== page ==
Steve Hemmingsen, the former anchor of KELO-Land News in Sioux Falls, has some thoughts on the role of bloggers in the SD Senate race.
I don't know how you prove this or if it can be proven at all given the ethereal nature of this whole cyberspace thing, but I suspect that these bloggers are the ultramodern form of talk radio. I also suspect they had a lot of clout in this last election from Bush to Thune.
I suspect so too. See what the biggest blogger in the country, Professor Reynolds, had to say about the role of the SD bloggers in the last race (and see his link to the Grand Forks Herald). Another national publication is working on another story along these lines. When it comes to commentary on what happened during the last election, blogs are the 800-lb gorilla sitting in the room. Few locals, with the exception of the rather fearless Hemmingsen, want to speak of them. Hemmingsen has some questions about accountability, which is fine. I hope it will generate commentary on the quality and balance of all South Dakota media. It wasn't the Dakota Blog Alliance, after all, which simply made up certain items and then refused to admit that the items were made up, which the editor of the Argus did. There seems to be two responses to the blogging phenom. Some, like Hemmingsen and the Rapid City Journal reporters who write on Mt. Blogmore, have embraced blogging and find it interesting and clever and imaginative and a breath of fresh air. Others, however, have fought a pitched battle against the idea of blogs. Note the editor of the Argus Leader, who thinks blogger commentary is "crap" driven by a "violent" internet "cabal" of "yahoos" and "jokers," who are full of "hatred" and "vitriol" and lack "guts" because they hide "behind their computer screens" and won't face him "man to man." Some people welcome new thoughts, technology, information, back-and-forth, and the marketplace of ideas. And other people are fighting a losing battle so they can hold onto their power to control the public debate and decide what "news" the citizens should consume and what "news" citizens should be protected from. We can all be thankful, for example, that the news barons at the Argus Leader protected us from these 66 stories which were critical of Tom Daschle that ran in other prominent publications around the country. Thank the Lord the Argus protected us from the brutal truth.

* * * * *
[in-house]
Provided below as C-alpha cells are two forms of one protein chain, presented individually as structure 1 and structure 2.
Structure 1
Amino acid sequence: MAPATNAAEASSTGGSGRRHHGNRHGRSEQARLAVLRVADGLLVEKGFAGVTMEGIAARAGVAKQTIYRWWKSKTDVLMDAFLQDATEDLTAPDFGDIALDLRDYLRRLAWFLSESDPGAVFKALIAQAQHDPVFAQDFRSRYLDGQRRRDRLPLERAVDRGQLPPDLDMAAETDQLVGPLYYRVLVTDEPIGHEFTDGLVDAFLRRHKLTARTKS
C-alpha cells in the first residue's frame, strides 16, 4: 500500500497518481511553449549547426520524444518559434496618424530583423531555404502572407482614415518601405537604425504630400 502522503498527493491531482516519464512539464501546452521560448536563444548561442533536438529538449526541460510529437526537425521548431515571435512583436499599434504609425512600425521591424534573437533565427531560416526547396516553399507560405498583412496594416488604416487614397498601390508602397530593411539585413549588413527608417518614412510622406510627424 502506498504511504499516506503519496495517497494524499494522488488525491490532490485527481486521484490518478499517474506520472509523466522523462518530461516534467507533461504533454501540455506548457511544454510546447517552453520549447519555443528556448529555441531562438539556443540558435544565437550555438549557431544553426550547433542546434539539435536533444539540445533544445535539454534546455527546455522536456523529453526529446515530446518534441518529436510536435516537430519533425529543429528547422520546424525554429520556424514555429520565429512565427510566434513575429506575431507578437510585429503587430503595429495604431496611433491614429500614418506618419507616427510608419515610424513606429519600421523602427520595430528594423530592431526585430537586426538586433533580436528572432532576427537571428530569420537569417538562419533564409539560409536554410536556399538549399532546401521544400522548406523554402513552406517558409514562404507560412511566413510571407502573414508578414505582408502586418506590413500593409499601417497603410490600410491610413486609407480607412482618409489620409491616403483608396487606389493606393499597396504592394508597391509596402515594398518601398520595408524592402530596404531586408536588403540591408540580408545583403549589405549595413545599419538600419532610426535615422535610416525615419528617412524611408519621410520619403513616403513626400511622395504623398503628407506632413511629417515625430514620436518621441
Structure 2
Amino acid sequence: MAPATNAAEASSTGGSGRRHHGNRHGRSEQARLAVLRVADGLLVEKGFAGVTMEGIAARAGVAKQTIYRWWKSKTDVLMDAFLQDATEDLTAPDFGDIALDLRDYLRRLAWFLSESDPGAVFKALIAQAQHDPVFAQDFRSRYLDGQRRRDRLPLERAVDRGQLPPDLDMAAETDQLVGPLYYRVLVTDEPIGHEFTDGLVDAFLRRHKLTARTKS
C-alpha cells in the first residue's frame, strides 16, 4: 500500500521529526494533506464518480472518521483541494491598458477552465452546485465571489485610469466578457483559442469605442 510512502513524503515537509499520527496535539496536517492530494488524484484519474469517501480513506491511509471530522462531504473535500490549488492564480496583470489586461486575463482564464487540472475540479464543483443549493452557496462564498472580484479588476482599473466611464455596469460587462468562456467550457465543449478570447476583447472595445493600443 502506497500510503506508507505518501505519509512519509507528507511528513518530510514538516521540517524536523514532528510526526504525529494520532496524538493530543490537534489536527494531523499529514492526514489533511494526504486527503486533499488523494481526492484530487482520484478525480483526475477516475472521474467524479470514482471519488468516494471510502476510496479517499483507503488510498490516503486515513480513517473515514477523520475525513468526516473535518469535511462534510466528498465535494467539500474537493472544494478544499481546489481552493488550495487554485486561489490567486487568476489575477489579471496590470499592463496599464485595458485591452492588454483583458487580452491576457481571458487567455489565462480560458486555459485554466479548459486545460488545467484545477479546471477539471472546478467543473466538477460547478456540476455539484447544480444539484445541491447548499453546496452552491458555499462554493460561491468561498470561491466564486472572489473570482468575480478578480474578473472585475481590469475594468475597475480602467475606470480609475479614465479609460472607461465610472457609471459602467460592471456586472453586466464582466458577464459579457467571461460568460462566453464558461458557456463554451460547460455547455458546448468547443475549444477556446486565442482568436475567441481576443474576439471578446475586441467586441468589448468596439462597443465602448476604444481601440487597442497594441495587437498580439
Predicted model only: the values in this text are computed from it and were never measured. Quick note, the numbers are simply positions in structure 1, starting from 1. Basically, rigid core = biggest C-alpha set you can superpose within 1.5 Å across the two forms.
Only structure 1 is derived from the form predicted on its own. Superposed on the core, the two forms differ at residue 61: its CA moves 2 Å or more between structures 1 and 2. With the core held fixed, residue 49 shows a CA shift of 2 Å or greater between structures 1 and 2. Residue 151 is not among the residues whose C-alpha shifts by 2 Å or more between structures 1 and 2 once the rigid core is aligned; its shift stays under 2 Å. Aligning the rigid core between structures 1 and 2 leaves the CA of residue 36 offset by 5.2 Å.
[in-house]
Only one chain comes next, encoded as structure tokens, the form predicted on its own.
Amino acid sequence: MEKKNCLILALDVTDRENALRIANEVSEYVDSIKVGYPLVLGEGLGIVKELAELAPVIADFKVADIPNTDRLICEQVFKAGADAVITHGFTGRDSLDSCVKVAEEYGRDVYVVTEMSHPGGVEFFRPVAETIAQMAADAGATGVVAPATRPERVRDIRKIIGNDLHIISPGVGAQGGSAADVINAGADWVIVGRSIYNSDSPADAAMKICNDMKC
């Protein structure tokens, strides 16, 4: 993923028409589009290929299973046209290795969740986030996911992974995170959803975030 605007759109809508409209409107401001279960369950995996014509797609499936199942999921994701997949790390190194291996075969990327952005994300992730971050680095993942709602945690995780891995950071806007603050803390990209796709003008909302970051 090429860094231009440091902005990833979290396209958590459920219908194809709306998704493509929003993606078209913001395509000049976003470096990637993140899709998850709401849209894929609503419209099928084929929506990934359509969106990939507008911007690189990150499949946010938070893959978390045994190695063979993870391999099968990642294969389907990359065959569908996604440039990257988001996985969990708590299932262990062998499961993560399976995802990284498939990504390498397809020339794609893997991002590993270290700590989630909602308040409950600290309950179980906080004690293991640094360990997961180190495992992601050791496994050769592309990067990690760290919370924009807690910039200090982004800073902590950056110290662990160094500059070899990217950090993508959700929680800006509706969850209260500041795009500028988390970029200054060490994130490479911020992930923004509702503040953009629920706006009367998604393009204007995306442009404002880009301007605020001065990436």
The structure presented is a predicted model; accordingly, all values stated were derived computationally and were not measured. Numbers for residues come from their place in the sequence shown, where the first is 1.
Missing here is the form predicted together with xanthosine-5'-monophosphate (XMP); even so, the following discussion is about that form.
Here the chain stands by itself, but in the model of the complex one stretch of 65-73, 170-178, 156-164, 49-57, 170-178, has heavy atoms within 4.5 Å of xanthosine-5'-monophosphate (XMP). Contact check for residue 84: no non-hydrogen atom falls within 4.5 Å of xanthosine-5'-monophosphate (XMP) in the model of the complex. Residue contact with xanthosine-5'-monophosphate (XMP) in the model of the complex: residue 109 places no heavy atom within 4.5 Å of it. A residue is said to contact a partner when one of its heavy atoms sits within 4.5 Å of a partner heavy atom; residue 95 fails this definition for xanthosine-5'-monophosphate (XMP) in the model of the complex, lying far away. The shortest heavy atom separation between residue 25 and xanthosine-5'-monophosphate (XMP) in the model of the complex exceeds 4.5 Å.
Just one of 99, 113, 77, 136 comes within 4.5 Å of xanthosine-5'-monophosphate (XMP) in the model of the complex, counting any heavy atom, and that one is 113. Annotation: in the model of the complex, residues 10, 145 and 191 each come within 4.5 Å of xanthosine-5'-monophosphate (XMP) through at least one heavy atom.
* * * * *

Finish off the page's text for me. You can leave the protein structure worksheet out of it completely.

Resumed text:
It's a Brave New World. Remember what Peggy Noonan said about this election year:
Who was the biggest loser of the 2004 election? It is easy to say Mr. Kerry: he was a poor candidate with a poor campaign. But I do think the biggest loser was the mainstream media, the famous MSM, the initials that became popular in this election cycle. Every time the big networks and big broadsheet national newspapers tried to pull off a bit of pro-liberal mischief--CBS and the fabricated Bush National Guard documents, the New York Times and bombgate, CBS's "60 Minutes" attempting to coordinate the breaking of bombgate on the Sunday before the election--the yeomen of the blogosphere and AM radio and the Internet took them down. It was to me a great historical development in the history of politics in America. It was Agincourt. It was the yeomen of King Harry taking down the French aristocracy with new technology and rough guts. God bless the pajama-clad yeomen of America. Some day, when America is hit again, and lines go down, and media are hard to get, these bloggers and site runners and independent Internetters of all sorts will find a way to file, and get their word out, and it will be part of the saving of our country.